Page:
If learning how to invest were compared to learning the piano, then the price-to-earnings ratio is "Mary Had a Little Lamb" -- it's simple, easy to pick up, and it's one of the first things you learn. Of course it's also something that may not be worth using ever again.
At least that's the exaggerated version of one of the central conclusions in a recent paper from Drexel University's Wesley Gray and Jack Vogel.
The pair tackled a key area of concern for investors -- valuation metrics -- and kicked it off by going after a conclusion by finance research legends Gene Fama and Ken French. Fama and French are well known because their research allowed countless value investors to finally point to academic research that showed proof for what they already intuitively knew -- that value investing works.
However, while Fama and French gave good reason to pick value stocks over their more expensive counterparts, they weren't as concerned with which valuation metric you use. In fact, they said:
We always emphasize that different price ratios are just different ways to scale a stock's price with a fundamental, to extract the information in the cross-section of stock prices about expected returns. One fundamental (book value, earnings, or cashflow) is pretty much as good as another for this job, and the average return spreads produced by different ratios are similar to and, in statistical terms, indistinguishable from one another.
In other words, use whichever valuation metric you want because it really doesn't matter. Gray and Vogel's response: "Umm... no, not so much."
By mashing up close to 40 years of stock market data, Gray and Vogel reached the conclusion that total enterprise value, or TEV, over EBITDA was the most reliable metric for finding market outperformance among value stocks. The average annual return for the cheapest TEV/EBITDA stocks delivered average annual performance of 17.7% versus 15.2% for P/E and 15% for price-to-book value.
Notably, the researchers stripped out financial and utility stocks for their study, so don't rely on these conclusions for those stocks (TEV/EBITDA doesn't make sense for financial stocks anyway).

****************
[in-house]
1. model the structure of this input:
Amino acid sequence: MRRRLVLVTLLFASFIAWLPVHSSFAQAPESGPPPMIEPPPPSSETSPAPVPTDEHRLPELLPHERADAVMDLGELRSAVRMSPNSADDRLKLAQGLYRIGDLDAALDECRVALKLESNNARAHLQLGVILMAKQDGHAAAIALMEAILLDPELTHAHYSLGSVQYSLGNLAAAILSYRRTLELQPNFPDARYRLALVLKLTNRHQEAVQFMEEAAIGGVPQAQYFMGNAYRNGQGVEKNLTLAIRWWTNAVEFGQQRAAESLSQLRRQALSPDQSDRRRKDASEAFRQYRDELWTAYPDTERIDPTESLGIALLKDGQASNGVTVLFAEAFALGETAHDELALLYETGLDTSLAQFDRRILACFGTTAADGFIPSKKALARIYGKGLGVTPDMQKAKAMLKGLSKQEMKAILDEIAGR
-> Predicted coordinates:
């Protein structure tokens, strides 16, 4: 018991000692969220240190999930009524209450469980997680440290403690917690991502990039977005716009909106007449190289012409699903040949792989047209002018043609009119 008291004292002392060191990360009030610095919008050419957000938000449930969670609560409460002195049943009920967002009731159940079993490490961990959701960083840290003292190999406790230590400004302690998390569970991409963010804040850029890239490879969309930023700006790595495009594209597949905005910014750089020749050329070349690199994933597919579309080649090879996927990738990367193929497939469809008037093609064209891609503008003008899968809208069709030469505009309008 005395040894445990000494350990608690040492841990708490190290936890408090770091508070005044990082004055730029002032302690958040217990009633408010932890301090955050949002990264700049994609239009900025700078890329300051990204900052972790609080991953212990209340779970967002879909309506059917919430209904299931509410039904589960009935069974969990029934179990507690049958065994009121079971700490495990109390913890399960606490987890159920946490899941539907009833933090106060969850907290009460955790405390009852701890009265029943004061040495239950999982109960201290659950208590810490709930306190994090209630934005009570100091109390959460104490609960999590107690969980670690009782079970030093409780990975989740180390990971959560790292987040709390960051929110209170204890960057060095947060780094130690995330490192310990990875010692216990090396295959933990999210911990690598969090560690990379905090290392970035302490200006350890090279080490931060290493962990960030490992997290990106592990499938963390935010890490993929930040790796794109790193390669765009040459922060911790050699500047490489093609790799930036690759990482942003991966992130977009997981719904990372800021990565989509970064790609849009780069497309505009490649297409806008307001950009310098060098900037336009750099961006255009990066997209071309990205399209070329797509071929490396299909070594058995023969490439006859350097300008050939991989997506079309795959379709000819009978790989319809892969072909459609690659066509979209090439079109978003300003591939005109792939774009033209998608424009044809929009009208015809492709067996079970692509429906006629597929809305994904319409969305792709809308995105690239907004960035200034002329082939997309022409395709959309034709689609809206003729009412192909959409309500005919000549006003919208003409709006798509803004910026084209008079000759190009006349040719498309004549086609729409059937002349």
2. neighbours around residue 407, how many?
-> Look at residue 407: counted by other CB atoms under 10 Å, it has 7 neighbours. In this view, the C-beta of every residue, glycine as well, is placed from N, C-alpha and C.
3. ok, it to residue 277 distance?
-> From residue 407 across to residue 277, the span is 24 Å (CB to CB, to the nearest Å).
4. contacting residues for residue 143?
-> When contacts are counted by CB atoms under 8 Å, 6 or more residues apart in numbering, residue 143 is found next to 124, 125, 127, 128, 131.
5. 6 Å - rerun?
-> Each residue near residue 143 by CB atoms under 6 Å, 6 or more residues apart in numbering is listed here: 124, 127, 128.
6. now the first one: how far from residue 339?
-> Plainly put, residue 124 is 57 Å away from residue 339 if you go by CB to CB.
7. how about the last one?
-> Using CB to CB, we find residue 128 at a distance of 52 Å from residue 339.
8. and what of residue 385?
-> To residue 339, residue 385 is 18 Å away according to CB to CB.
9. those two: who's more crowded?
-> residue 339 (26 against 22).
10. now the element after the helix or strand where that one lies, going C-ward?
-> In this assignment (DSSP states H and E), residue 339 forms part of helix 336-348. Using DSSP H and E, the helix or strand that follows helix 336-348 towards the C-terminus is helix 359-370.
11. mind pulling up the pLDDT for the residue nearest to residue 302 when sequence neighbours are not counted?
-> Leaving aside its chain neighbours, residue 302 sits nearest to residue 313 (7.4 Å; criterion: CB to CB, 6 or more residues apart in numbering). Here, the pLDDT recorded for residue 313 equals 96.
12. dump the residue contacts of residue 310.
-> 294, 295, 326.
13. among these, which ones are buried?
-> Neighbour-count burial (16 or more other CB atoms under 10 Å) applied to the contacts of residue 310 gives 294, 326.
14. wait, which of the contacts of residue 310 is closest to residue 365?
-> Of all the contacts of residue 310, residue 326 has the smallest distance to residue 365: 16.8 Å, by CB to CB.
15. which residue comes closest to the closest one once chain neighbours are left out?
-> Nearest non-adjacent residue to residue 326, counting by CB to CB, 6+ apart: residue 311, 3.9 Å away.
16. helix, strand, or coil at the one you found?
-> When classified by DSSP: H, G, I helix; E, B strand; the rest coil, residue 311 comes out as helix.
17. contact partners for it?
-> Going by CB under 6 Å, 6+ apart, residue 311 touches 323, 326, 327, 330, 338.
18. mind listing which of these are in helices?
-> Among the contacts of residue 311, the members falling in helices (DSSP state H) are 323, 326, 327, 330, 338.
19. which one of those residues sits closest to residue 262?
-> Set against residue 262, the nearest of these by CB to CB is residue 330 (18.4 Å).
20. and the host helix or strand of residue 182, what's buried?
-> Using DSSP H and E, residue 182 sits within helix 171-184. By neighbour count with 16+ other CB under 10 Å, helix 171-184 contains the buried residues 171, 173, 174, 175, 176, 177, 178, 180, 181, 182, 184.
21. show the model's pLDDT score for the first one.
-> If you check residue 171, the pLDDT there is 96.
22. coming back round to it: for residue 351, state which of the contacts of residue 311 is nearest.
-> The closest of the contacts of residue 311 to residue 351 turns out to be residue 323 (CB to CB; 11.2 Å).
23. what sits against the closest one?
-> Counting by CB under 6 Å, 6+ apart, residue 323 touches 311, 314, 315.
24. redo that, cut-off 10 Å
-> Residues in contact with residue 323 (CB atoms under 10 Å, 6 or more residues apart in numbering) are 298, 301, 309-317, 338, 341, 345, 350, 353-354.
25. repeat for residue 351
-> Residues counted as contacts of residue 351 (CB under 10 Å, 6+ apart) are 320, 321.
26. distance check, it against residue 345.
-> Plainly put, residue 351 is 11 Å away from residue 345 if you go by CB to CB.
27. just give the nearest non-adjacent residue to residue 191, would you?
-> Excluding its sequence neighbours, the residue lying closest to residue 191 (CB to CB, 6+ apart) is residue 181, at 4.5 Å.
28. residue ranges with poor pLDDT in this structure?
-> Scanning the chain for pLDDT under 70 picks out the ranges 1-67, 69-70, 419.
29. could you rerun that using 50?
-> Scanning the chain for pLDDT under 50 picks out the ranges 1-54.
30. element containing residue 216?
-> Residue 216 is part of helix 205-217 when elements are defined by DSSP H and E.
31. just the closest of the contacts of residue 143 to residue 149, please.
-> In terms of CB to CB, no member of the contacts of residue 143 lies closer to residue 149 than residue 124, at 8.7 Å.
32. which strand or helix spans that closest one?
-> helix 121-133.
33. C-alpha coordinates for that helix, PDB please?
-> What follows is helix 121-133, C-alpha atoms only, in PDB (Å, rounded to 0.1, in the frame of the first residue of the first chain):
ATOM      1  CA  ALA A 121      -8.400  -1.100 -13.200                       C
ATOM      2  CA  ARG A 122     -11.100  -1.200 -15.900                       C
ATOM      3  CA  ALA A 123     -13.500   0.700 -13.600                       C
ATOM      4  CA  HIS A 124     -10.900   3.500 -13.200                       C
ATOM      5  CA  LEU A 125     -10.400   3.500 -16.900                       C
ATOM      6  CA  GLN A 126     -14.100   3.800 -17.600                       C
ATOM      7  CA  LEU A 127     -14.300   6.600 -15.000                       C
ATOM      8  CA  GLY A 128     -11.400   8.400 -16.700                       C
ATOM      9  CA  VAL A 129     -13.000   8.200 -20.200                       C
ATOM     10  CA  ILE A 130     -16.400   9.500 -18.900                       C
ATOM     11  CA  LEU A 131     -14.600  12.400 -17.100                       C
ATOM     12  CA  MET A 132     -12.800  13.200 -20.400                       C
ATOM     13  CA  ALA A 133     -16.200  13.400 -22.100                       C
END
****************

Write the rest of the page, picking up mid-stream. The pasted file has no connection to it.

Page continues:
EBITDA: It's not what you think
You'd sure like 17.7% annual returns -- we all would. But if you remember the dotcom crash at all, then you probably remember that EBITDA became a running joke as the measure was twisted, stretched, and otherwise manipulated to mean anything that a company wanted it to as long as it made the unprofitable company in question look profitable.
But while EBITDA can clearly be usurped for evil, it can also be used for good. The measure -- which breaks down to operating income plus depreciation and amortization plus non-operating income -- can act as a stand-in for cash flow, and, for obvious reasons, investors should love cash flow.
So while EBITDA may be intimidating to some (What the heck are all of those letters?) and bring back bad memories for others (Didn't Enron rely on EBITDA?), there's nothing wrong with safe, sober use of the metric. In fact, as Gray and Vogel show us, it's quite the contrary -- it'd be a mistake to not consider EBTIDA-based valuations.
Where to? Your current best bets
Now that we've established that it's TEV/EBITDA that we should be looking at, I can't leave you without some thoughts on what stocks this metric would direct you toward. For our purposes, I sliced up the Dow Jones
Total Enterprise Value
Source: S&P Capital IQ.
This group wouldn't make a well-diversified portfolio -- Chevron and Exxon are both energy giants while Cisco, HP, and Intel are all tech names. And Cisco and HP may set off warning bells for investors as they're two companies that have had some very real business struggles lately that are helping drive the low valuations. Intel, on the other hand, is not only one of my personal portfolio holdings, but one of my favorite dividend stocks, period.
But a value-oriented investment approach often isn't about finding the companies that everyone thinks are superb at the moment -- all too often those excitement-laden companies end up in the higher-price segments of the market that don't end up performing as well. Instead, the idea is to understand that sometimes investors get overwhelmed by bad events, get too pessimistic, and are willing to sell shares well below their true value.
I've given all five of the stocks above a thumbs-up in my Motley Fool CAPS portfolio and think all are at least worth being on your radar. To check out one more stock that my fellow Fools think is part of the "next trillion-dollar revolution" and is trading at a below-market TEV/EBITDA multiple, grab a free copy of this recent Motley Fool special report.
The Motley Fool owns shares of Cisco Systems. Motley Fool newsletter services have recommended buying shares of Chevron and Intel. We Fools may not all hold the same opinions, but we all believe that considering a diverse range of insights makes us better investors. Try any of our Foolish newsletter services free for 30 days.
Fool contributor Matt Koppenheffer owns shares of Chevron and Intel, but does not have a financial interest in any of the other companies mentioned. You can check out what Matt is keeping an eye on by visiting his CAPS portfolio, or you can follow Matt on Twitter @KoppTheFool or Facebook. The Fool's disclosure policy prefers dividends over a sharp stick in the eye.